New energy center gets the green light

Fri, 12/07/2012 - 09:11

A new community center in Albany, Ohio, has gotten the green light from the New Albany Architectural Review Board. The Columbus Dispatch reports that officials approved waivers for the New Albany-Plain School to install a green energy education center on the district campus.

This is the county's latest effort to implement the use of energy efficient technology and design in a community project. According to the news source, the district received $50,000 in a grant from the Easton Community Foundation to cover the cost of relocating and reassembling the modular center. In addition, the building will need to be reconnected to area utilities.

The center was built with energy efficiency in mind. The Columbus Dispatch reports that the renewable-energy education center was originally built by Ohio State University students in the College of Engineering and Knowlton School of Architecture. Valued at $300,000, the structure is outfitted with solar panels and is self sustainable due to a radiant heating system and a natural waste-disposal unit.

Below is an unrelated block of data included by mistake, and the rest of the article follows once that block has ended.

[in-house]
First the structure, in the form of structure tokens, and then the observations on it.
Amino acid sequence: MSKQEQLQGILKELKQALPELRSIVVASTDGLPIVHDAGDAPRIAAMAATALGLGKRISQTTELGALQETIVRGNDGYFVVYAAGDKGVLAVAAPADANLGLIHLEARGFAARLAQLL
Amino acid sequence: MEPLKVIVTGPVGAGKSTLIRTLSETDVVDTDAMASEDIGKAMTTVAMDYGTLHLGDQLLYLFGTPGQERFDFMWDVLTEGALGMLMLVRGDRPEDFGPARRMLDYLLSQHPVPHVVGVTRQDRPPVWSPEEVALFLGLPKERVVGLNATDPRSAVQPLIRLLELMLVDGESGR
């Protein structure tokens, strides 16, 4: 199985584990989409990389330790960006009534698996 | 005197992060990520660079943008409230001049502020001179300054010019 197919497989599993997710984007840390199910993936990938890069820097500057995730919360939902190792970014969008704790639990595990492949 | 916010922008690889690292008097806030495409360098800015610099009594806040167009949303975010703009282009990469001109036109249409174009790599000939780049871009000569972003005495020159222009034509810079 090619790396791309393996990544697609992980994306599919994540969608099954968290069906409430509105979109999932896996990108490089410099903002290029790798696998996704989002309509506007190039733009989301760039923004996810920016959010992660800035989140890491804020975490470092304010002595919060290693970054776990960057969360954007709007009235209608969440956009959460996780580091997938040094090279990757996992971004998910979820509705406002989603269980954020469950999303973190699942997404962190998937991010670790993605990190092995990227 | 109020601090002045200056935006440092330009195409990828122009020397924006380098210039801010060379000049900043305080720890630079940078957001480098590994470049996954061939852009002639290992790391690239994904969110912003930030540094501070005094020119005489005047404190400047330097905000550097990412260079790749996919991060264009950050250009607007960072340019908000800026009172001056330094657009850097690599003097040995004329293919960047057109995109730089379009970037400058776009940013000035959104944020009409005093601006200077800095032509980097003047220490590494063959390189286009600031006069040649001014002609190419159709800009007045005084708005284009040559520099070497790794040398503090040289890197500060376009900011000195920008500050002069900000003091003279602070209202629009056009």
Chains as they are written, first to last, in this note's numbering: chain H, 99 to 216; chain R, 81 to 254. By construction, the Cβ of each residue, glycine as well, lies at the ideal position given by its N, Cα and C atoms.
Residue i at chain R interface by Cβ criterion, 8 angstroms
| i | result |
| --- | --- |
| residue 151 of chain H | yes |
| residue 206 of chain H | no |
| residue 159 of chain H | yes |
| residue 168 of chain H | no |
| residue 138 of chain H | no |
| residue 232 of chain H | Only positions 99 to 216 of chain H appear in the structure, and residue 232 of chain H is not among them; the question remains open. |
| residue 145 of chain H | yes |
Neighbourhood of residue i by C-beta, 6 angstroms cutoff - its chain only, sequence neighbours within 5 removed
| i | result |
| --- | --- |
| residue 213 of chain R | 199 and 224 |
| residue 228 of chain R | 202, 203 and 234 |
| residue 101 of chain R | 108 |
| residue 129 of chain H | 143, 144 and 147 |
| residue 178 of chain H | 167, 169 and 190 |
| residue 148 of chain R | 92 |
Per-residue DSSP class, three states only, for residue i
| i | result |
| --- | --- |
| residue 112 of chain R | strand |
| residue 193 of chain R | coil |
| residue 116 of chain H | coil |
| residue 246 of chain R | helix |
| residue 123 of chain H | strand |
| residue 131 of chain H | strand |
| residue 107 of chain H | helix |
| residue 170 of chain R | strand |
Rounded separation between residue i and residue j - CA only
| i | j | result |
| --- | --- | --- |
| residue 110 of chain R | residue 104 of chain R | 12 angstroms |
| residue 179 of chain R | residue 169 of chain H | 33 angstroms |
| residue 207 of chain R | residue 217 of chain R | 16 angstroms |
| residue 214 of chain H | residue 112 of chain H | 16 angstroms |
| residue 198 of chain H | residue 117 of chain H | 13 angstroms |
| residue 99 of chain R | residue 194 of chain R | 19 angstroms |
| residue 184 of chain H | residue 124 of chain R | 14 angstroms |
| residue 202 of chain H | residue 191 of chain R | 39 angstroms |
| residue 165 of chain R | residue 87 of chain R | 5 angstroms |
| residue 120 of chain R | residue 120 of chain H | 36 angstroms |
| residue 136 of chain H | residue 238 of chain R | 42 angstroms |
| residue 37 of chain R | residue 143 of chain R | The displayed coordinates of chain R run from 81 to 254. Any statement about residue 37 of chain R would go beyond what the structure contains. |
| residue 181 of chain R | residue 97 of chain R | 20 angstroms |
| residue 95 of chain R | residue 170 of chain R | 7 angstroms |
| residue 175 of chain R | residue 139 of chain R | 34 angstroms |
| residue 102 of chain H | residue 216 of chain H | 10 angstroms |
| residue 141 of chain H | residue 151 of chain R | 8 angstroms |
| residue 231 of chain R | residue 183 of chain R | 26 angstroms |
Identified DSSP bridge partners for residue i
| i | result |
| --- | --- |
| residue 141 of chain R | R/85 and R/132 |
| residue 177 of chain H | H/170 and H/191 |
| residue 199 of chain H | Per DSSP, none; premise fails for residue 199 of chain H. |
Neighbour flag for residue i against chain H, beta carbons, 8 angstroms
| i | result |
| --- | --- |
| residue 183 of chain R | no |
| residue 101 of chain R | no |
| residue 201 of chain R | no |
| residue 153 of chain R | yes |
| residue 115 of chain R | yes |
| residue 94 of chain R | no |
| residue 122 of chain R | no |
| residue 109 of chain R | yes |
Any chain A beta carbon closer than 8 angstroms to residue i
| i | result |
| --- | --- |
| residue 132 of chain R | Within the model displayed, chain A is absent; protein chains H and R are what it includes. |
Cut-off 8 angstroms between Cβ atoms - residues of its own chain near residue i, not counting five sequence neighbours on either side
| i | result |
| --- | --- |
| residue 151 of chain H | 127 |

As energy efficiency becomes a greater concern for government agencies and commercial and residential property owners, the inclusion of green technology in everyday designs will increase. Radiant floor heating is rising in popularity as both commercial and residential property owners look to reducing heating expenses. Alterations to utility options like radiant heating can provide an individual the greater opportunity to increase sustainability efforts and reduce a property's carbon footprint.

In buildings used by a community or large organization, radiant heating offers the ability to keep a space warm and comfortable - despite the numerous times doors may open. The system recovers from heat loss rapidly, which allows the room to fill with warmth, instead of remaining frigid.